What Is the Meaning of Meaning in Jewish Education?

Rabbi Dov Lerea (RS ’83, DS ’13)

My work in Jewish education focuses exclusively on teaching texts to students of all ages. Recently, at a presentation made to rabbinical students by a practitioner in the field of experiential education, the presenter remarked, “So often courses in experiential education are not taught experientially.” I liked the playfulness of that remark because it captured the notion for me that learning a text is a primary experience of Jewish learning and therefore should be taught experientially. That implies that the involvement with a text, one’s engagement with it along with the engagement between students of that text in havruta, or in a facilitated discussion, should involve an exchange of ideas and feelings that penetrate students deeply as they are learning. To appropriate a term coined by Professor Israel Sheffler, the learning of a text should evoke cognitive emotions. Ideas should be felt and experienced.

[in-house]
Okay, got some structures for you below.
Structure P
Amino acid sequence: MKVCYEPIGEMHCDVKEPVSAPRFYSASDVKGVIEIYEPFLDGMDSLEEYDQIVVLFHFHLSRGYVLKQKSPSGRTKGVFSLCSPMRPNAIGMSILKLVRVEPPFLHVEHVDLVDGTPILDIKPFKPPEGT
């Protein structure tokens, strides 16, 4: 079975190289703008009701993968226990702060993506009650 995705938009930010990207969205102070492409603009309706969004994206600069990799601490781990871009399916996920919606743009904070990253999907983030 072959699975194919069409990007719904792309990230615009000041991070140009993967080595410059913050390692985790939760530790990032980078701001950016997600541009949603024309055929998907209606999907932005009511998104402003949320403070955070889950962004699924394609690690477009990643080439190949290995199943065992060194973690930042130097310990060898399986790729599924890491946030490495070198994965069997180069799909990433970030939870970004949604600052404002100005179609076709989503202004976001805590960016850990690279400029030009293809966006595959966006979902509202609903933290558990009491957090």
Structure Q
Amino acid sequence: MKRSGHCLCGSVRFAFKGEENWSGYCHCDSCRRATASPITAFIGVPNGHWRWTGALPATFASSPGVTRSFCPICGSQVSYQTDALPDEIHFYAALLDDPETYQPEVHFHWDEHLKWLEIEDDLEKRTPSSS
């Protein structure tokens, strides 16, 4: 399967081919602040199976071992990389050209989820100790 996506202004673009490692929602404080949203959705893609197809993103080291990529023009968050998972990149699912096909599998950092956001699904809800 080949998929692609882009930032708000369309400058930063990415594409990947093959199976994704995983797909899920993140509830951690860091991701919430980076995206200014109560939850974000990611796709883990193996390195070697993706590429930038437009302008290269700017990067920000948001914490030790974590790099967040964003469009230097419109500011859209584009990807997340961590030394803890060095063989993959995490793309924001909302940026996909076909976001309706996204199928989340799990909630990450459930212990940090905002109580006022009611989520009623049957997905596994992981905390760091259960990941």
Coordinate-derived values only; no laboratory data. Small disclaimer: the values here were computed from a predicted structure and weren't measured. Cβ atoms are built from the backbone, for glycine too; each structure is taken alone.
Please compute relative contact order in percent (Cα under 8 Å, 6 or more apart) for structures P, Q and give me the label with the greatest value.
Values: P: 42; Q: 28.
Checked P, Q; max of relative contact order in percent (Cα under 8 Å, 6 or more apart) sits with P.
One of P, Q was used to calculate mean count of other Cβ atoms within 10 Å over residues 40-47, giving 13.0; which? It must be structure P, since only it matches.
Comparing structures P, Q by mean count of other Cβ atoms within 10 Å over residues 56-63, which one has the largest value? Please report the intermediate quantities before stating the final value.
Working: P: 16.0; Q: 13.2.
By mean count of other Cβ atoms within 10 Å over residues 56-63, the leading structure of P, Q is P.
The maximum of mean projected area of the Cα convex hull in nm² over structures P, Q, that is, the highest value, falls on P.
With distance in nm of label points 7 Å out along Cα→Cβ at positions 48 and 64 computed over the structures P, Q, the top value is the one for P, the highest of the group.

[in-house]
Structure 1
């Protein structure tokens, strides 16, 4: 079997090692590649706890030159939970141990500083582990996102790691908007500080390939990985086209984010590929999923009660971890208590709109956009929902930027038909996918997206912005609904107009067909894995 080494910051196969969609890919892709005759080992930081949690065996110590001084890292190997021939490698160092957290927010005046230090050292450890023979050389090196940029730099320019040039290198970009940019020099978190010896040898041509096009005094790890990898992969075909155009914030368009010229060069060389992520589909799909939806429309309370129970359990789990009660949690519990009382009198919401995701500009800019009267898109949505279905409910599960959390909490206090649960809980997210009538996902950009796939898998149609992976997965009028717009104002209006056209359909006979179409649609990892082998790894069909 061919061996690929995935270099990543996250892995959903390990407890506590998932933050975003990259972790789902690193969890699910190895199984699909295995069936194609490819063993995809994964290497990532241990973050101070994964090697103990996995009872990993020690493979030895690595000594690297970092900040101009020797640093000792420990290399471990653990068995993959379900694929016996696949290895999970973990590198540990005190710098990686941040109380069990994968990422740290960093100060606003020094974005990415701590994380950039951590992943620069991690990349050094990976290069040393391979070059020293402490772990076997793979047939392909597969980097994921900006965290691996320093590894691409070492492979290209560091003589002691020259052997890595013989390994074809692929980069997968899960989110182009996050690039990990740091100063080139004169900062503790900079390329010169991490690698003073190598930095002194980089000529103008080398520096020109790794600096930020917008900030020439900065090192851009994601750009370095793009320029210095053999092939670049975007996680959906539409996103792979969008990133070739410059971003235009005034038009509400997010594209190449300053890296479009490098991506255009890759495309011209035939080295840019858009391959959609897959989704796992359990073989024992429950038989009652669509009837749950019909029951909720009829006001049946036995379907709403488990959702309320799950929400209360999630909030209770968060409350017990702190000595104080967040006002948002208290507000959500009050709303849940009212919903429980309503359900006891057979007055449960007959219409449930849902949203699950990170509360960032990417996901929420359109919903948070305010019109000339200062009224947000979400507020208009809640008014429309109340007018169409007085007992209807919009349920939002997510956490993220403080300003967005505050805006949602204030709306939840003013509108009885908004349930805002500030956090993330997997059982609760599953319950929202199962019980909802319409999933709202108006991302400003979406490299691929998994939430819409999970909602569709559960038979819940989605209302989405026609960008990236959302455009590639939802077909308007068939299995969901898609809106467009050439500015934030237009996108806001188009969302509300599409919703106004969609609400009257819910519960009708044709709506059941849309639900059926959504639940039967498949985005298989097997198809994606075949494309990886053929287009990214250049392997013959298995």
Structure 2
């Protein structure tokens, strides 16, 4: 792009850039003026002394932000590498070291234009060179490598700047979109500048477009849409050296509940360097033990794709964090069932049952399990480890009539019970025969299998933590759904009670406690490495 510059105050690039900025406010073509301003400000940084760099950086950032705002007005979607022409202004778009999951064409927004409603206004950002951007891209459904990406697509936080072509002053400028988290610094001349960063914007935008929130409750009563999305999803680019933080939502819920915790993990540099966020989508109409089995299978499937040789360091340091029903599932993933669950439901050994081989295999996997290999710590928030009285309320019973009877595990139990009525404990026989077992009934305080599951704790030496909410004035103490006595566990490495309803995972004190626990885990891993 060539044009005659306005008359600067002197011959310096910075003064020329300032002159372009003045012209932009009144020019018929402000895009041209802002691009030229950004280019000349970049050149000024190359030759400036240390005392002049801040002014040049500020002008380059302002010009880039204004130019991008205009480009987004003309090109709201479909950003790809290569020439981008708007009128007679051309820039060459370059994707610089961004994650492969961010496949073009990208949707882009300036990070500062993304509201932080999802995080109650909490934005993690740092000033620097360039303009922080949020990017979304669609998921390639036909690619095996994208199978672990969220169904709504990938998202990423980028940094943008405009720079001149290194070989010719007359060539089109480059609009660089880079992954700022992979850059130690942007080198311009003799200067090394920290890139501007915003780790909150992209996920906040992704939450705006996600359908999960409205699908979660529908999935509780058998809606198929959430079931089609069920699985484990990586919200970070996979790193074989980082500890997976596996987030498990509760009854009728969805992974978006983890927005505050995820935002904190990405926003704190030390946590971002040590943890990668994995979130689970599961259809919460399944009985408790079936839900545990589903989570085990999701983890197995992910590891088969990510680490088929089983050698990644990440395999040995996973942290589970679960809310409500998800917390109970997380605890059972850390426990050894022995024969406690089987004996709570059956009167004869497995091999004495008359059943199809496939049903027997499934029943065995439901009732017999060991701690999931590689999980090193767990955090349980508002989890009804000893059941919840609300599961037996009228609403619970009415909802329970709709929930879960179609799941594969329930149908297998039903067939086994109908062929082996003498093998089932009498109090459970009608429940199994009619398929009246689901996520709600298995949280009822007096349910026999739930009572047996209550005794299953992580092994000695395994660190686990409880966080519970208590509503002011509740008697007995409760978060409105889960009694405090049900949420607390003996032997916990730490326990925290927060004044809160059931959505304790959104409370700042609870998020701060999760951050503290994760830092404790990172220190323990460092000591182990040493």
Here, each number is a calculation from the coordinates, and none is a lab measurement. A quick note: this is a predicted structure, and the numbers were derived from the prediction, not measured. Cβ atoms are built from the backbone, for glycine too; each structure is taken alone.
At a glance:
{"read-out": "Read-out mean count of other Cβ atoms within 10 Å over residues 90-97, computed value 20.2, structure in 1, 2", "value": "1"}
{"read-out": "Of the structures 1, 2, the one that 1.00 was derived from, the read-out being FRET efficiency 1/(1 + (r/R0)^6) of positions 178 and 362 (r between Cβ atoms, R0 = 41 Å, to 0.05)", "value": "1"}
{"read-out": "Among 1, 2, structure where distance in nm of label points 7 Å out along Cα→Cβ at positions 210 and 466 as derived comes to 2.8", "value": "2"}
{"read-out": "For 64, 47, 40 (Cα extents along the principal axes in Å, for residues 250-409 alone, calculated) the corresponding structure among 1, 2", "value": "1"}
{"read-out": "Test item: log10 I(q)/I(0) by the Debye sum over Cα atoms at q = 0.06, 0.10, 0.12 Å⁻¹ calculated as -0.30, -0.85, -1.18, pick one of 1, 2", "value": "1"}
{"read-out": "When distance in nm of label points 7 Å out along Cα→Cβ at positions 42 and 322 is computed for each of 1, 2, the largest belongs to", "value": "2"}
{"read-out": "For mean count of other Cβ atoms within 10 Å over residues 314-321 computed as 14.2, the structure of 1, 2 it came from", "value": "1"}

This is the way I conceptualize meaning. Meaning, in my teaching, suggests that in the process of learning and teaching a text, learners feel the ideas they construct in response to and through the engagement with that text. What I have found to be of lasting value in my teaching for students is the pedagogic centrality of challenging them to stay with all of the dimensions of a text they come to see—its language, grammar, rhetorical structure, context, conceptual implications—while taking their own thinking about that text seriously. “What are the many meanings this text conveys?” and “What are the many meanings this text holds for me?” are the two questions that my pedagogic decisions intend to balance and hold in tension with each other. The textual basis for pedagogically balancing the external, transmitted integrity of a text with as full a range of meanings deeply felt by the learner at the same time is found in two different traditions that conceptualize revelation. In one tradition, Torah is transmitted to Moses from the outside: Moses received Torah from Sinai and transmitted it to Joshua. In the other tradition, the Sages wonder how it was that Avraham had Torah knowledge if he lived before the revelation at Sinai. They answered that his source of Torah knowledge flowed, literally, from the inside out: